In purely footballing terms there isn’t much to debate when Arsenal consider whether to take up the one year option in David Luiz’s contract.
Certainly his early weeks in north London were pockmarked with errors all too familiar to Chelsea fans and at a greater frequency than they witnessed them at Stamford Bridge. In 160 games for the Blues he conceded three penalties. He matched that tally in 24 games in an Arsenal shirt.
Yet by the time football reached its temporary hiatus Luiz had firmly established himself as one of the most crucial components of Mikel Arteta’s short-term plans. The Brazilian was one of only three players, along with Mesut Ozil and Bernd Leno, to start every Premier League game for the Spaniard.
Luiz was fundamental to Arteta’s tactical plans, his ability to push the team forward from deep and unleash Pierre-Emerick Aubameyang with incisive through balls of vital importance to Arsenal’s build-up play.
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Off the field he has been one of the most important champions of Arteta’s work, swiftly buying into the overarching message and the forthright demands that the Spaniard gave on his arrival in December. Luiz may only have arrived at Arsenal in August but he immediately became an influential figure in the dressing room, much admired by younger squad members such as Calum Chambers and Rob Holding for all that he has won.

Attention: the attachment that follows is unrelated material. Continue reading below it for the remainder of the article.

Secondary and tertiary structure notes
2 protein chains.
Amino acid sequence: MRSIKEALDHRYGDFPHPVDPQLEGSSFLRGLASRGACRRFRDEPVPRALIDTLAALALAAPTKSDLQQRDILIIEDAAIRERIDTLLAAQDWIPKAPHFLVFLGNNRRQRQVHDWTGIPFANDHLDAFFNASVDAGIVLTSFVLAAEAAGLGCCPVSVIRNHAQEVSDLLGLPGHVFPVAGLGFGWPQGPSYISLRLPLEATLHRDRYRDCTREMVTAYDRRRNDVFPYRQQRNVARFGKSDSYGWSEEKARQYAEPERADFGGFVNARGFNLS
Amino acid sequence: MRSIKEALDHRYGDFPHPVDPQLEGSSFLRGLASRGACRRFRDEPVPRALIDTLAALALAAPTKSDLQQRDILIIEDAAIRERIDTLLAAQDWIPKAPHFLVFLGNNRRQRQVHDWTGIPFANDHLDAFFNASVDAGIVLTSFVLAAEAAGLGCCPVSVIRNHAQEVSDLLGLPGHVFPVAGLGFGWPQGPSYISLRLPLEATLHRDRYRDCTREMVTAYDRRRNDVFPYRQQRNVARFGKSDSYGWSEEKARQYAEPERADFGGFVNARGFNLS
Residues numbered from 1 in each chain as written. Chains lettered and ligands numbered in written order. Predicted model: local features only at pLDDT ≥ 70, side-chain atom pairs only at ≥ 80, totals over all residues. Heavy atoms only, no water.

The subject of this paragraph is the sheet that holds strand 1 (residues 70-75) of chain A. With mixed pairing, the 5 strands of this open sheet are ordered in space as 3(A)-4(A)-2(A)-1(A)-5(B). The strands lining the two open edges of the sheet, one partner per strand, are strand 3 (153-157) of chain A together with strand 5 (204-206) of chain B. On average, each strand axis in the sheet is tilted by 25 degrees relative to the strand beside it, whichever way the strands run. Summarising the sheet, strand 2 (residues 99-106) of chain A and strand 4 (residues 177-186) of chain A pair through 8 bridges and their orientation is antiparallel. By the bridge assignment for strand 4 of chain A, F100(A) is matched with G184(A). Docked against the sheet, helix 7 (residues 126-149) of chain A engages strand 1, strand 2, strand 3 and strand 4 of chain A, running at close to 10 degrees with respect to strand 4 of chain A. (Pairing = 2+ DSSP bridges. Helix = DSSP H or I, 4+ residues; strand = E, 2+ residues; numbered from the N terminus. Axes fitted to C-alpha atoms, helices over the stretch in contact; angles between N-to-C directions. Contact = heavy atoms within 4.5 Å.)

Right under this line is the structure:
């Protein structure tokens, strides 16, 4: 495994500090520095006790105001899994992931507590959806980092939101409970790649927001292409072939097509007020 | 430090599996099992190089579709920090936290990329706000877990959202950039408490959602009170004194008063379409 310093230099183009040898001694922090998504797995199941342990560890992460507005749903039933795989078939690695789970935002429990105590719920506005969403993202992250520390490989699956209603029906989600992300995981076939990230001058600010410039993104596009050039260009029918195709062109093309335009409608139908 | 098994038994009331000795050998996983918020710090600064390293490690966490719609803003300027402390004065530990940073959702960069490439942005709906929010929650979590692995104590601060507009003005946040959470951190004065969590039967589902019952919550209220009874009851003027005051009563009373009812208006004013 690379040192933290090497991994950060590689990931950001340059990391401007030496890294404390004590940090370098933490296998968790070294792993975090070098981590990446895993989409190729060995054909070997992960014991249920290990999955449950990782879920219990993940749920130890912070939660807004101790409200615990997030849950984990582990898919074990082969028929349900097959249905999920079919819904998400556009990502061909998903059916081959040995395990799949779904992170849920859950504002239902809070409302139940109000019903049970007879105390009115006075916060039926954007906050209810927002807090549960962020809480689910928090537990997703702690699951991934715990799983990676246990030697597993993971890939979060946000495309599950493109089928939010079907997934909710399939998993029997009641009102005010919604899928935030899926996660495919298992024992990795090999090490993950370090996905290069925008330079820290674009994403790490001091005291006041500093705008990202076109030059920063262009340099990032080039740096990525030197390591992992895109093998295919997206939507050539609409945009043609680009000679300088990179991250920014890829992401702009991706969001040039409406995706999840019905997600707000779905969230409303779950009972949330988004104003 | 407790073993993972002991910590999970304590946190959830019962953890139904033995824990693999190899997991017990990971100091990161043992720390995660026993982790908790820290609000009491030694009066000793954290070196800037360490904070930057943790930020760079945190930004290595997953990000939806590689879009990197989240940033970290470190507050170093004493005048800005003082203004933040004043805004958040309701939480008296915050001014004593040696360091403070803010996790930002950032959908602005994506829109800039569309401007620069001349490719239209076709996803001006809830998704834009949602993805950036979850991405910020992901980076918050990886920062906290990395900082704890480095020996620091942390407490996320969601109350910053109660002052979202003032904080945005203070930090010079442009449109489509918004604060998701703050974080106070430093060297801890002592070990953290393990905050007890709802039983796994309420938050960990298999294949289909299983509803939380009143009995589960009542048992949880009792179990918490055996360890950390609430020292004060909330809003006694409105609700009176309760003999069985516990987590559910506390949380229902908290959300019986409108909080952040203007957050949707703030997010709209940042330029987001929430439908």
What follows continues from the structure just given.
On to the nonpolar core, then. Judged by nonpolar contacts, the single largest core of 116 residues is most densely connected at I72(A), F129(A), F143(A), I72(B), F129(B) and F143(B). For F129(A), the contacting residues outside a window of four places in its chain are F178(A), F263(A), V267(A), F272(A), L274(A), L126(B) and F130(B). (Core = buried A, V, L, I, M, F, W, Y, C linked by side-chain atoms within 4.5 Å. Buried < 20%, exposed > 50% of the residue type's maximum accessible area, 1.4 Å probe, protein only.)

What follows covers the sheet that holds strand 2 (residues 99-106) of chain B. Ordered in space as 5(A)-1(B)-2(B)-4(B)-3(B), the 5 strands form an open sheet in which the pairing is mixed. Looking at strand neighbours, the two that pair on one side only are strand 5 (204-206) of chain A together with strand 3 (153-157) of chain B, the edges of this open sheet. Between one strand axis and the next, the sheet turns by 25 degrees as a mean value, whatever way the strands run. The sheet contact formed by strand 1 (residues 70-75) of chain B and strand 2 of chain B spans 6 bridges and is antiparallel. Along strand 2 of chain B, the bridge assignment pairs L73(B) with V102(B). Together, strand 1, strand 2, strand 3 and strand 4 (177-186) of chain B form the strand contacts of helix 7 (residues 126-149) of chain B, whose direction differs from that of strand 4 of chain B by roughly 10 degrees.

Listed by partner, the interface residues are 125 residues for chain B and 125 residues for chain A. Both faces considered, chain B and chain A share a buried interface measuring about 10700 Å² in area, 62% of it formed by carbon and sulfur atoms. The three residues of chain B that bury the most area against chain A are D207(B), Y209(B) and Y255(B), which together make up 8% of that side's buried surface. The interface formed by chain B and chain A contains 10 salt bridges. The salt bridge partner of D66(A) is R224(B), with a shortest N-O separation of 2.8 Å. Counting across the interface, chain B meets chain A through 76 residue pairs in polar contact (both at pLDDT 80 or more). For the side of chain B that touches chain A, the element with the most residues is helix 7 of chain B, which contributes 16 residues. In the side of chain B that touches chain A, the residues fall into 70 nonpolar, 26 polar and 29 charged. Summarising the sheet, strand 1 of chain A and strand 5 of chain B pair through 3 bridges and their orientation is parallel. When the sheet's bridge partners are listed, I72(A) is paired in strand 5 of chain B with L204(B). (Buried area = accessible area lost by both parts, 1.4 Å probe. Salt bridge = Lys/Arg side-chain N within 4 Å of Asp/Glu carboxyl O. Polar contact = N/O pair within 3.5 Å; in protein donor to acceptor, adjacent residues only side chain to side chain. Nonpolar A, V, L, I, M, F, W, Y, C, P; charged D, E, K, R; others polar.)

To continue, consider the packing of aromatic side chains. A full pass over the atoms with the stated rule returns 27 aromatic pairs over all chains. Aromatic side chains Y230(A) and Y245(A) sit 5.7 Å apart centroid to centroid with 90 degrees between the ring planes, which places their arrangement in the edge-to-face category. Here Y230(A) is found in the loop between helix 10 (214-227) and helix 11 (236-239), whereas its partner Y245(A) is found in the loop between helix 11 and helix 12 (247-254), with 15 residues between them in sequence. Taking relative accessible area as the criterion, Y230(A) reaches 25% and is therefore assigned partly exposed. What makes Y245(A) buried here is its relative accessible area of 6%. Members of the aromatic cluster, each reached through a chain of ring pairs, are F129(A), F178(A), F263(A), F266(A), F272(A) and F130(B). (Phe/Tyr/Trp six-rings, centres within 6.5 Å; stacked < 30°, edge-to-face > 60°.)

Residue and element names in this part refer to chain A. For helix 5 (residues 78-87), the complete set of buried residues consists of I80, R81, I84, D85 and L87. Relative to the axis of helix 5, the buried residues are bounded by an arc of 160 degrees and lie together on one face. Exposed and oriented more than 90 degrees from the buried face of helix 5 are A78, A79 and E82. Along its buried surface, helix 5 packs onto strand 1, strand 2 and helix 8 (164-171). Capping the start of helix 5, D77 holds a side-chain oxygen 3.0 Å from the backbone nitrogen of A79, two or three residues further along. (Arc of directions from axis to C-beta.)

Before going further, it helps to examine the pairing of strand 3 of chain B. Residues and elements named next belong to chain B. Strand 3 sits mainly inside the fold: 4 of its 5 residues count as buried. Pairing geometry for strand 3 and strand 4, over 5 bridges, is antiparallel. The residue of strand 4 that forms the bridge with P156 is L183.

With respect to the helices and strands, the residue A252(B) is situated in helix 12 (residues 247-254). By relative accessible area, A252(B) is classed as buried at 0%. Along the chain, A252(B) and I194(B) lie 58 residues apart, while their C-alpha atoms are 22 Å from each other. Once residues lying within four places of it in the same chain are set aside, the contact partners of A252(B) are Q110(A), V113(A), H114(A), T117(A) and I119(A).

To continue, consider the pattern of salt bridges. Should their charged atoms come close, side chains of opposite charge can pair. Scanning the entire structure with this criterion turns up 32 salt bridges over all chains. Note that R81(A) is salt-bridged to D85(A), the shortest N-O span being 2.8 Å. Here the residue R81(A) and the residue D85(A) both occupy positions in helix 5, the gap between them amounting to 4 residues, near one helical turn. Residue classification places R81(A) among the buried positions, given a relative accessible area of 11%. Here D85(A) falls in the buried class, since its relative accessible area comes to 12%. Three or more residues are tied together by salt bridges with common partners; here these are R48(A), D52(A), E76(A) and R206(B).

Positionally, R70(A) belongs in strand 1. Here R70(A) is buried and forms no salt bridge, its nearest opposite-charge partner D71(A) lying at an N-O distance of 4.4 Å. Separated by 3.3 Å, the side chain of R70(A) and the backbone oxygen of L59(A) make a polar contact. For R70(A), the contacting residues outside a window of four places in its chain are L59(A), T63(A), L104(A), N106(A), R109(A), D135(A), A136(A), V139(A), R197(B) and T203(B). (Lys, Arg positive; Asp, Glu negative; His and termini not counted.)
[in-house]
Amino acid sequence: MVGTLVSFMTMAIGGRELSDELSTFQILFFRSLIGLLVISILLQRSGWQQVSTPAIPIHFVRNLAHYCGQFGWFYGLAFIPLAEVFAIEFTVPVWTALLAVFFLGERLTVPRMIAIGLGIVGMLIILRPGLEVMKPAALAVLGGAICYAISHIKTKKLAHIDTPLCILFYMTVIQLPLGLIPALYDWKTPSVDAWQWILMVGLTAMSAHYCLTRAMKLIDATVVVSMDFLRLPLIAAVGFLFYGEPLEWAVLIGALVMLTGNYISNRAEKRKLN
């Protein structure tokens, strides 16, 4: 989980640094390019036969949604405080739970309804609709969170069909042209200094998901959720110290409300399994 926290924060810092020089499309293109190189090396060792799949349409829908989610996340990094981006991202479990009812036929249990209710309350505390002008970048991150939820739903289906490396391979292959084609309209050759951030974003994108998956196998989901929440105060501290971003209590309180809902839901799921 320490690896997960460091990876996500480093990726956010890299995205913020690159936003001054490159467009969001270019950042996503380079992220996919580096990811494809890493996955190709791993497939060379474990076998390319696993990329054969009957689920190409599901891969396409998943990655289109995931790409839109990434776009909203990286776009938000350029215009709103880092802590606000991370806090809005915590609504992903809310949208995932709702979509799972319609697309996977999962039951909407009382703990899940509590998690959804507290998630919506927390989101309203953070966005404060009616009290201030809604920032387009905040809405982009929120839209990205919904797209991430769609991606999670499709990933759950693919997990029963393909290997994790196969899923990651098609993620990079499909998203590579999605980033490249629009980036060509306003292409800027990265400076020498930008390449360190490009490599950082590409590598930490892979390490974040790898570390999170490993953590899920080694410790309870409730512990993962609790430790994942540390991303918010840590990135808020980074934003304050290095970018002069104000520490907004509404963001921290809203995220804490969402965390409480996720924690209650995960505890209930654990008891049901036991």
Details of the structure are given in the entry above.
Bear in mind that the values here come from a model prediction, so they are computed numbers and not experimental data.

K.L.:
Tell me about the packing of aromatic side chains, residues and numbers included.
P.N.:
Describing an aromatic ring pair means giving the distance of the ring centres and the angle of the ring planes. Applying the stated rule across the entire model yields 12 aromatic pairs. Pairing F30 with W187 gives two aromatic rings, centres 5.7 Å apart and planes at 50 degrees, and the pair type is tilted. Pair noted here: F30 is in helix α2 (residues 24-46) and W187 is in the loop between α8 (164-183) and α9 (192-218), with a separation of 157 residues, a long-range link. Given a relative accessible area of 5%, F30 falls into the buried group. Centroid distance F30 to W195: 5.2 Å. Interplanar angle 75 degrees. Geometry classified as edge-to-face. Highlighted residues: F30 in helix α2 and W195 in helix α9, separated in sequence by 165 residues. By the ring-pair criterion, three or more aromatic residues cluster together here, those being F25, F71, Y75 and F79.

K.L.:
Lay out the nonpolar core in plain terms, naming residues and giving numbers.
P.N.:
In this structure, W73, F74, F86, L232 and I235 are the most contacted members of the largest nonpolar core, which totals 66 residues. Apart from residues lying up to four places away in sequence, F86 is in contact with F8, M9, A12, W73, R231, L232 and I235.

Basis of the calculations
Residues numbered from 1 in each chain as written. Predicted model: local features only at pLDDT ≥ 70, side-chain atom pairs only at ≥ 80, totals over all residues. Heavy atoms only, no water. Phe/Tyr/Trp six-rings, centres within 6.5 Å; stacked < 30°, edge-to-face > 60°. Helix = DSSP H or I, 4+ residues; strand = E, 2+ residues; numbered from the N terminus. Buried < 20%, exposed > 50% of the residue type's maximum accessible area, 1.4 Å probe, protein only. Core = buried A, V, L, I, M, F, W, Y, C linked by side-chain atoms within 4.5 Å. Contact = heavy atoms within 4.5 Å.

He even found understudies of his own in Gabriel Martinelli and Pablo Mari. The latter arrived in January to find Luiz eager to meet with and work alongside this new Spanish centre-back who had been so crucial in earning a Copa Libetadores and Brazilian league double for his mentor, Flamengo boss Jorge Jesus.
Luiz is a vocal cheerleader for his Arsenal team-mates and crucially for his manager. Arteta will not have failed to notice that his centre-half recently described him as the nearest he could hope to get to working with Pep Guardiola.
“I am grateful because I made another dream come true,” he said last month. “Not in a concrete way, but in a different way. I always had the dream of working with [Pep] Guardiola.
“I couldn’t work with him, but I’m having the opportunity to work with a person who grew up and learned and was victorious with him, who has the same ideas.”
That admiration is shared by Arteta, who is understood to be reluctant to let Luiz depart.
It is worth noting that the Brazilian’s dressing room influence has not always been leveraged for good and during his interim tenure Freddie Ljungberg is understood to have not looked entirely favourably on Luiz’s role during the weeks before Unai Emery’s sacking.
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